Natalie Bader: I love the idea of ‘enticing’. To do this, I always lean on a brand’s own history. Clarins’ success is undeniable, with best-selling products women are loyal to since we are the European leader in luxury skin care. Our target group is women around age 40 but we also need to recruit younger women. My goal: recruit the future for the brand and increase desirability. Even though Clarins is a well-known brand, I’m not sure it is enticing enough. For example, starting in 2016, plants will be at the heart of a product with a drawing of the plant inside the packaging. Maybe it’s just a small detail, but one that will make the brand a little more likeable. But, we aren’t going to try to be more ‘luxurious’. We strive to have the best priced products without necessarily cutting back on product development budgets. We want our products to be ‘accessible’.
After Yves Rocher, Chanel Make-Up and Sephora, you spent a little time away from the skin care industry and worked for the jeweler Fred then for the fashion house Prada… Is your work at Clarins a little like returning to your first love?
Natalie Bader: Yes! It’s a creative universe that I love because it is rather ‘quick’ (compared to the jewelry industry) and very high-tech (compared to fashion). I love this ‘mix’. But, I’m not saying that I wouldn’t go back to the world of fashion one day...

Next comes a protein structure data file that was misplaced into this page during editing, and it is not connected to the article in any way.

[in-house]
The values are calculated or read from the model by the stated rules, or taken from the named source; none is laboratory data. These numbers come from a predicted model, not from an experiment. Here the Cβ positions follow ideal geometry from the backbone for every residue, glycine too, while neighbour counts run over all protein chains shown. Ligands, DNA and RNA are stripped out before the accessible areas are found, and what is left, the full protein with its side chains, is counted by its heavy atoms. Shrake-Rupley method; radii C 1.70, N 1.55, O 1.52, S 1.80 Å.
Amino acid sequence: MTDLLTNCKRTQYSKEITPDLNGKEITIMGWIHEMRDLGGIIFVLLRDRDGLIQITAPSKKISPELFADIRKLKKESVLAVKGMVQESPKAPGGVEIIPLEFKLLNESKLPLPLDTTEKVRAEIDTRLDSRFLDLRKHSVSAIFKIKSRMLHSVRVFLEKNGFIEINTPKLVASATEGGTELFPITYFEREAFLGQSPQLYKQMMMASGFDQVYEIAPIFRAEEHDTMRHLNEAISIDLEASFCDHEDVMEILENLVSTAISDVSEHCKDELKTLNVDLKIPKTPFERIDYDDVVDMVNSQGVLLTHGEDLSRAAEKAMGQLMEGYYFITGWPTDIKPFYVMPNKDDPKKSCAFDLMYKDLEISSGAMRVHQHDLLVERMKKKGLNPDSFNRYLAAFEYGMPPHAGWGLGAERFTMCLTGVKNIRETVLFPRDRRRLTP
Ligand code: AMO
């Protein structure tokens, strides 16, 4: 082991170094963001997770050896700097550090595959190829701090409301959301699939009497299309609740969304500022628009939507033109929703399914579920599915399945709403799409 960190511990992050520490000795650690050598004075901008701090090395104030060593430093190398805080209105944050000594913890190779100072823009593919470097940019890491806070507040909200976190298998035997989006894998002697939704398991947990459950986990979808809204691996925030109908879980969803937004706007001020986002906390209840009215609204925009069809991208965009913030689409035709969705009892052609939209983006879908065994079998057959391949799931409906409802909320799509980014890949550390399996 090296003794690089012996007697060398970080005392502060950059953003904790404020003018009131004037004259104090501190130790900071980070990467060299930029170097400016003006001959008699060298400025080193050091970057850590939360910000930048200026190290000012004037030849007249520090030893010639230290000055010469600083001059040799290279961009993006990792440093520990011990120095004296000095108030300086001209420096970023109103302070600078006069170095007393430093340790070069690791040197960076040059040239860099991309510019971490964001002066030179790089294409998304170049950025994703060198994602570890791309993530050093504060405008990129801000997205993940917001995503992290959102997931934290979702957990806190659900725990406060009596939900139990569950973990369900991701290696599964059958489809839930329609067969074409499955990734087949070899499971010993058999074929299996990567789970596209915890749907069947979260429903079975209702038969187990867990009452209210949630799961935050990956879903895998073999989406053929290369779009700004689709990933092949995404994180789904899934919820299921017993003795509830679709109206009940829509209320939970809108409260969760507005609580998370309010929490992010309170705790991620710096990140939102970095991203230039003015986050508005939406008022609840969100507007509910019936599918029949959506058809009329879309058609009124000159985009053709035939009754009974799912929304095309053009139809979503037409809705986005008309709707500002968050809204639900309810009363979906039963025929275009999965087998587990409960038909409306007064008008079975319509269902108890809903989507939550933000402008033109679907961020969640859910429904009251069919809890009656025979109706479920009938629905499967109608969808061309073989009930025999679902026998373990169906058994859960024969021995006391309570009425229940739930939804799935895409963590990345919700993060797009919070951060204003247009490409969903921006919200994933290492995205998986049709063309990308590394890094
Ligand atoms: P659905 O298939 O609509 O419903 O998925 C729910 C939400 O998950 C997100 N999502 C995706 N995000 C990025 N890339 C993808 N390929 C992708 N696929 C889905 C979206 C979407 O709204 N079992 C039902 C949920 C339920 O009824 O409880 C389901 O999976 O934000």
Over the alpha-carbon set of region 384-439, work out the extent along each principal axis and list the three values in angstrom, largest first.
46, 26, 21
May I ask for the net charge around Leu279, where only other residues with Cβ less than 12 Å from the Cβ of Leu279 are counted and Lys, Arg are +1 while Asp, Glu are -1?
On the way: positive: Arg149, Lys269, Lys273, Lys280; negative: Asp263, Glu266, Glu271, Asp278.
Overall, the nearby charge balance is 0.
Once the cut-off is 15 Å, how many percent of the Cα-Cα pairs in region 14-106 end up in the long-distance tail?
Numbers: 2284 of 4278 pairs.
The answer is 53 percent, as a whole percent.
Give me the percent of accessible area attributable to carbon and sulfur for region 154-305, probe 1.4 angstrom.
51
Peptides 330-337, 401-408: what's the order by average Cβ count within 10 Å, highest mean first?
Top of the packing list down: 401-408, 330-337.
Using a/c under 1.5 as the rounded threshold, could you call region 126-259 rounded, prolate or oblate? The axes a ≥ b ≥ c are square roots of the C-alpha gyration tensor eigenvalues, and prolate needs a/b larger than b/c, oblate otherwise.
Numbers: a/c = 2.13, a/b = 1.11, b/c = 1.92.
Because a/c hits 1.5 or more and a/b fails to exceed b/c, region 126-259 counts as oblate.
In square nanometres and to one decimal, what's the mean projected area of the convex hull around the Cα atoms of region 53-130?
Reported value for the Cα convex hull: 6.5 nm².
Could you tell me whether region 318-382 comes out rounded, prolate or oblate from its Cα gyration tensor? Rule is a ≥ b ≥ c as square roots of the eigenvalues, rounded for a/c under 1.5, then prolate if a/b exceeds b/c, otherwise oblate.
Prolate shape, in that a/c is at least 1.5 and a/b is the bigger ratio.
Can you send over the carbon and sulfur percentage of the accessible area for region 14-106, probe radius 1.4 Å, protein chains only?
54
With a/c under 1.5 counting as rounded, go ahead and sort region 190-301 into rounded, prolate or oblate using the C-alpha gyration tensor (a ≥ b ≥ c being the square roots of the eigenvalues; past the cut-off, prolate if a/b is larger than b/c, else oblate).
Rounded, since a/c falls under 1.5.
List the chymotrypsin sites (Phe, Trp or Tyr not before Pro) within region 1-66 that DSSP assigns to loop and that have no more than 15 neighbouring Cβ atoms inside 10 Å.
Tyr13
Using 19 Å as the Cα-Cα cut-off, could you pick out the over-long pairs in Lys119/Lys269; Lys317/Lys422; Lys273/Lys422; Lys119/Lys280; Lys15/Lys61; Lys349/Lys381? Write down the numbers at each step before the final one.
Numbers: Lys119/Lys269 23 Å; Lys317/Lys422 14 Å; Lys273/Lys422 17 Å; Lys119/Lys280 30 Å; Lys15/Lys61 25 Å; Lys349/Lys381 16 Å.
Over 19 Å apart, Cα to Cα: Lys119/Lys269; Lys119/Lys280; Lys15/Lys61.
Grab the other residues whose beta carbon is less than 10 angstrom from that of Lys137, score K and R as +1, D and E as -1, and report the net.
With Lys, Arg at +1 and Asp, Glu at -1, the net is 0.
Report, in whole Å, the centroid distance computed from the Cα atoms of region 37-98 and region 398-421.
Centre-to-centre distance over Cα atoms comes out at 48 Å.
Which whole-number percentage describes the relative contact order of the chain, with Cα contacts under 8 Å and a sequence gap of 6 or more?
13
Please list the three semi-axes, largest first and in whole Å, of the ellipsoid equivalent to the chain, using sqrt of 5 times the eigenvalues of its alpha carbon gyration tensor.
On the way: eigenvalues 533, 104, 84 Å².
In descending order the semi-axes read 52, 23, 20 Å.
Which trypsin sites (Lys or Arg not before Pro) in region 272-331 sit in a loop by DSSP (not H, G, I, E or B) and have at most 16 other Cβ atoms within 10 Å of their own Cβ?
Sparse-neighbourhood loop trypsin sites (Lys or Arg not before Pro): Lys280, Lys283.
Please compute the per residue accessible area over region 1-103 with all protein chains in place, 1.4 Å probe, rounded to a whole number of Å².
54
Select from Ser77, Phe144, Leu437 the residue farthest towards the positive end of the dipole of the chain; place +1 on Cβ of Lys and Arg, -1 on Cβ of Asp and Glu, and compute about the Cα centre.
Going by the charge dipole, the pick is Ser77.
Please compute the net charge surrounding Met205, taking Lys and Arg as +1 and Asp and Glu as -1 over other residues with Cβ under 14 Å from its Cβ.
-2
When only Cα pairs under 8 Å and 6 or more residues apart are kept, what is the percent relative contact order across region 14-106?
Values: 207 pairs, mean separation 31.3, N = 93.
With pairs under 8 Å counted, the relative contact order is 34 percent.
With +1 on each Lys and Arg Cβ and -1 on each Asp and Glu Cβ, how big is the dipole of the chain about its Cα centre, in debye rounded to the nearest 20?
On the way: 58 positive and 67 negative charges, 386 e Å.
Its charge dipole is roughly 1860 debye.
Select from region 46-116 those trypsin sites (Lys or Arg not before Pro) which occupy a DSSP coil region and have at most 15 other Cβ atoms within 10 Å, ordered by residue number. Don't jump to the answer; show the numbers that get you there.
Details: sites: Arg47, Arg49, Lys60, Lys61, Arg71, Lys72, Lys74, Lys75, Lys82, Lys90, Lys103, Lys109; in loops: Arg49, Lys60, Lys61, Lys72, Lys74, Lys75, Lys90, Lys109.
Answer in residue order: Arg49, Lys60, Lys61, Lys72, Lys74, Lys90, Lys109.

Clarins is now on Instagram, are you pretty active on social media?
Natalie Bader: I’m on Facebook a little but I really love Instagram. I love to post photos and follow my friends to find out what they’re doing and to stay in touch. I’m not a ‘groupie’ and I don’t follow anyone ‘famous’, well, maybe Soledad, illustrator at ELLE; she always makes me smile.
What are your favorite apps on your smartphone?
Natalie Bader: all of my apps are linked to things I love, like cooking. I really like ‘Marché Malin’ because it highlights what’s in season. I use ‘Waze’ for getting around and when I travel, I like using ‘Time Out’ when I am in a city I don’t know.
In your opinion, how does Internet influence our approach to beauty?
Natalie Bader: The Internet has given us great ‘learning curves’ when it comes to beauty with video tutorials and application demos. They’ve made women beauty experts. For example, you can watch a video four times if needed, sometimes we hesitate asking a sales person for help. Client comments can lead to faster understanding and more transparency and honesty. We’re very attentive to what’s being said about our products online. Finally, beauty has become extremely accessible. We want products today that we never would have imagined before. Contouring products come to mind. A few years ago, we never would have developed anything like that but thanks to online tutorials that show women how to do the technique many young women have adopted them today.